8 Top Geology Careers

A drill log from a Geoprobe drill rig whose operation Dennis Papa supervised. DENNIS PAPA PHOTO

Geology careers are probably the most evident to casual observers, but there may be a geologist at work down the street or on the riverfront nearby. For example, some might assume a small vessel out in a bay is just another recreational boat or a Coast Guard vessel. In reality, it’s piloted by hydrographic surveyors taking soundings of the silty or sandy bottom, determining where the best and most stable areas are for planned dredge cuts. It also locates potential shoaling in Federal navigation channels.

Many of us have often wondered if geology careers were possible. Geology is so interesting… but could it be a career? Here are eight geology careers that can provide a good living and fulfilling work.

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1. Museums

Museum jobs are increasing by an amazing 12 percent each year as projected over the years 2021-2031 by the U.S. Bureau of Labor Statistics. Most require a master’s degree and the median annual salary for a curator was $50,100 according to May 2021 data. Johns Hopkins University offers degrees in museum studies.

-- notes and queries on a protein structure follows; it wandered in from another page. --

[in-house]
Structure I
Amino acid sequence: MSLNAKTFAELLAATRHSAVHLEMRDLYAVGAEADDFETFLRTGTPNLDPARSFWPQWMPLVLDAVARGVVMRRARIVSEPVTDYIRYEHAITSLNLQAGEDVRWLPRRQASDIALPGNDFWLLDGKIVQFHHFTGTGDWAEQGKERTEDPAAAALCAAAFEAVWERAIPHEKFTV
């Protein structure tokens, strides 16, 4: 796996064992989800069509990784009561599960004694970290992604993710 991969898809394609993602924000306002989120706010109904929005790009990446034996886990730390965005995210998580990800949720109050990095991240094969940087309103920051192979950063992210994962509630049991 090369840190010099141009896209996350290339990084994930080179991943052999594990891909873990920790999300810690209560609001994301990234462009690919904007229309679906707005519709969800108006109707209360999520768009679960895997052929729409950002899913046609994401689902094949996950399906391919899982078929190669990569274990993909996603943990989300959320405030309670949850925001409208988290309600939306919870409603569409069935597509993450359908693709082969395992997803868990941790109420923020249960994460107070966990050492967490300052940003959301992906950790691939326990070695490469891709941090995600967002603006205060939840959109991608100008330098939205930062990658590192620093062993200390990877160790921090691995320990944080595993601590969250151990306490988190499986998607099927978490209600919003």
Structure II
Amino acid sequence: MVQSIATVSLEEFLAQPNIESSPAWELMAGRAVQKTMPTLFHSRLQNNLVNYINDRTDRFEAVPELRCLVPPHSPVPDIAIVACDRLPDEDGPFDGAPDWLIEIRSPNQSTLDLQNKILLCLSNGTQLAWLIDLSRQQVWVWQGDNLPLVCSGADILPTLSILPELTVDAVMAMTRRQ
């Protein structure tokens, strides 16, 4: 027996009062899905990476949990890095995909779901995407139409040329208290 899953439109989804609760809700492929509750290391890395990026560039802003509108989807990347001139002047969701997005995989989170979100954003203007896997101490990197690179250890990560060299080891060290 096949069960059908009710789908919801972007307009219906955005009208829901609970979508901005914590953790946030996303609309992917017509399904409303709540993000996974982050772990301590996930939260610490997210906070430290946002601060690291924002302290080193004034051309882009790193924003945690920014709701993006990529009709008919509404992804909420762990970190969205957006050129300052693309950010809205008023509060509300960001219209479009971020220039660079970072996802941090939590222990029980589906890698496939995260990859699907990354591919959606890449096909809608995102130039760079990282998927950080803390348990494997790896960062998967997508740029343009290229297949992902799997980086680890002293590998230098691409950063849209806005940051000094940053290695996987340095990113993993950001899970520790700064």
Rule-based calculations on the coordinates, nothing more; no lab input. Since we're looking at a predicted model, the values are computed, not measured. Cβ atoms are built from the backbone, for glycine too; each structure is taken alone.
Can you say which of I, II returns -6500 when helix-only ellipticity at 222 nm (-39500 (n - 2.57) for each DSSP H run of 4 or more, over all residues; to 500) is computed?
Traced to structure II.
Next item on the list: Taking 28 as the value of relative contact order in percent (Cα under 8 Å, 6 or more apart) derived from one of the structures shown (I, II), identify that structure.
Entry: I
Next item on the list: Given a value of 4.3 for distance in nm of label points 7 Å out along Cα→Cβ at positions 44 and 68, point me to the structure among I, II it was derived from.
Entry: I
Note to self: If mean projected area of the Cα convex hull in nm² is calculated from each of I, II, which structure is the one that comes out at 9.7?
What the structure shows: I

2. Environmental Geology Careers

Environmental geology careers are growing in prevalence in many countries. Have you ever driven past a service station where a tank was being pulled out of the ground and the tank and surrounding soils were being tested and removed/replaced as needed? Did you know a geologist put together the plan for testing the soil and groundwater and determining the best strategies for remediation? The environmental geologist career is high-paying, sometimes six figures per year.

Geomorphologists mapped sinkhole geohazards at this proposed Veterans Administration cemetery expansion site in Florida.

3. Geomorphologist

Geomorphologists are in demand in government and private companies. Their work focuses on understanding how landforms change over time. They perform hydraulic, hydrologic and geomorphic analyses to map resources such as groundwater and petroleum. If you love math and geology, geomorphology could be a perfect match. The career pays well too!

4. Hydrographic Surveyors

Hydrographic surveyors use instrumentation to map out the shape, contours and depth of streams, lakes, inlets and ocean bottoms. They often work for government agencies or private companies doing surveys for the government and nonprofits. For example, ecological restoration of channelized streams requires a hydrographic surveyor to determine the best approach to restoration. The median salary is around $80,000 per year.